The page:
Jurassic-era soil, c. 200 million BC. Metropolitan sidewalks, c. 2010AD. Few would argue the two have much in common. But it’s easy to imagine both as stomping grounds for Tiffany Tuttle’s latest collection of shoes, rendered in murky colors of “asphalt,” “bacteria” and “bog,” with unlined, raw leathers creasing into bone-hard, sculpted heels. “I was looking at dinosaur fossils,” says the LD Tuttle designer of the inspiration behind her fall 2010 collection. “They have a sense of fragility and decay, but at the same time permanence, because they’ve lasted millions of years.” Tuttle, who founded her line with husband Richard Ladinsky in 2005, splits her time between Los Angeles, where she dreams up her draped, architectural visions, and Italy, where they take form. Her hard-edged, near-brutalist footwear designs have drawn a horde of fans, including recent collaborators Victoria Bartlett at VPL and Nicole and Michael Colovos at Helmut Lang. Ankle-twisting, toe-crunching stilettos they are not. “My shoes aren’t about hindering a woman’s ability to have movement,” says Tuttle, an ex-ballet dancer. To prove the ease and grace of her heavily wedged designs, she teamed up with photographer Zen Sekizawa (who has previously shot for Vogue Japan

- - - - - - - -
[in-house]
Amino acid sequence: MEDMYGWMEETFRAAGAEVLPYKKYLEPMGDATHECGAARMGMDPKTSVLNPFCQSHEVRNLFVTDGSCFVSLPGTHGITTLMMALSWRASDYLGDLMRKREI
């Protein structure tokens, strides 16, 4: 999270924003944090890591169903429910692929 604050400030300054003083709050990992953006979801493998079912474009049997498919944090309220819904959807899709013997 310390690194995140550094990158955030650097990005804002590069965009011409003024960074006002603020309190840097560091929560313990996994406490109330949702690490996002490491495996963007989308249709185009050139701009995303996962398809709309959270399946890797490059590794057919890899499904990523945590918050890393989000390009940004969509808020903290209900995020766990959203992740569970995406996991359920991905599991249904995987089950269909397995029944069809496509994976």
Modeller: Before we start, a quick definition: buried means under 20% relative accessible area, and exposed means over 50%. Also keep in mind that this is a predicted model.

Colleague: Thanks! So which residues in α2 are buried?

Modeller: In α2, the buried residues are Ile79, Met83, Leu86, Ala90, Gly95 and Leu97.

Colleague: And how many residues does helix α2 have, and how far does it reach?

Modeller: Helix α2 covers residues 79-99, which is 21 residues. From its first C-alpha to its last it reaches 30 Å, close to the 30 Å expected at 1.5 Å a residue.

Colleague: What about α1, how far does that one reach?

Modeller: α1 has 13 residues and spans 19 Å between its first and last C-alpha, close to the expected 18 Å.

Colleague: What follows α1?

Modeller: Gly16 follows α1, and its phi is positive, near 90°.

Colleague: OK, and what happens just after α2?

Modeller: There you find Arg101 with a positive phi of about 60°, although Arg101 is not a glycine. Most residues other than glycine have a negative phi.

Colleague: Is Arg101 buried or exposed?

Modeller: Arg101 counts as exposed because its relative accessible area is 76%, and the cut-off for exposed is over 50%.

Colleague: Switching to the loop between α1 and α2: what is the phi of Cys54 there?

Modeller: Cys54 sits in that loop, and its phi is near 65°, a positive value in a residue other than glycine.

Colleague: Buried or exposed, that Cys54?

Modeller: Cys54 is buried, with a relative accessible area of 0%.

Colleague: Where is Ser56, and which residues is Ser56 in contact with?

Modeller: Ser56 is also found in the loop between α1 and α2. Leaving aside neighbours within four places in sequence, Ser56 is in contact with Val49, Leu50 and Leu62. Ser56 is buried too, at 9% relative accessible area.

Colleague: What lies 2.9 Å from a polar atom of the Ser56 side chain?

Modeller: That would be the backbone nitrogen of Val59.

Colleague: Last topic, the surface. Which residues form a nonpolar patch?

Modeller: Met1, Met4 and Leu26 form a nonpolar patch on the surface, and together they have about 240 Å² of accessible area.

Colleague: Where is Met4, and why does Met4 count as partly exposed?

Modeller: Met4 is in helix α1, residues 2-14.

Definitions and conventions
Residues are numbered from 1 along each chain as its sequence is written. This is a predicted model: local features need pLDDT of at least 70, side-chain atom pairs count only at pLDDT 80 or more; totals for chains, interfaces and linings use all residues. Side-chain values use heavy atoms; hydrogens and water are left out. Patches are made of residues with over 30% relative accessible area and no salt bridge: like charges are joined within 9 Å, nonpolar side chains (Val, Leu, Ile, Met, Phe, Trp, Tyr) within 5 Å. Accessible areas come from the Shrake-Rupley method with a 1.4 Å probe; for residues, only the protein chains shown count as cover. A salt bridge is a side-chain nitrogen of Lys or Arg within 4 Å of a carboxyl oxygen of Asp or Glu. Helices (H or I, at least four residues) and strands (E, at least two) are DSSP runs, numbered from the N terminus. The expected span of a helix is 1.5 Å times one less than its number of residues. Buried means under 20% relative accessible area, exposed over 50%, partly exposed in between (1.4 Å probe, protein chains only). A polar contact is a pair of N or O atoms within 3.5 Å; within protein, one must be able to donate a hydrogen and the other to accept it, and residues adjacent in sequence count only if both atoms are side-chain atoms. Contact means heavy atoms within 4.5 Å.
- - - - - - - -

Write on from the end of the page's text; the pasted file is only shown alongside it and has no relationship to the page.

and Casa Brutus
) to create a video that shows the shoes “in a state of flux—so they are creating and finishing off the line of the body.” In this hypnotic film, which we premiere today, Emilie Livingstone (a former Olympic rhythmic gymnast) arches and stretches against a sonic backdrop by Liars’ Aaron Hemphill in partnership with Italian noise artist Francesco Calandrino. Livingstone wears a mask made by Tuttle’s friend, the artist PJ Risse, who himself dipped into prehistory, taking inspiration from the fertility masks of pre-Columbia.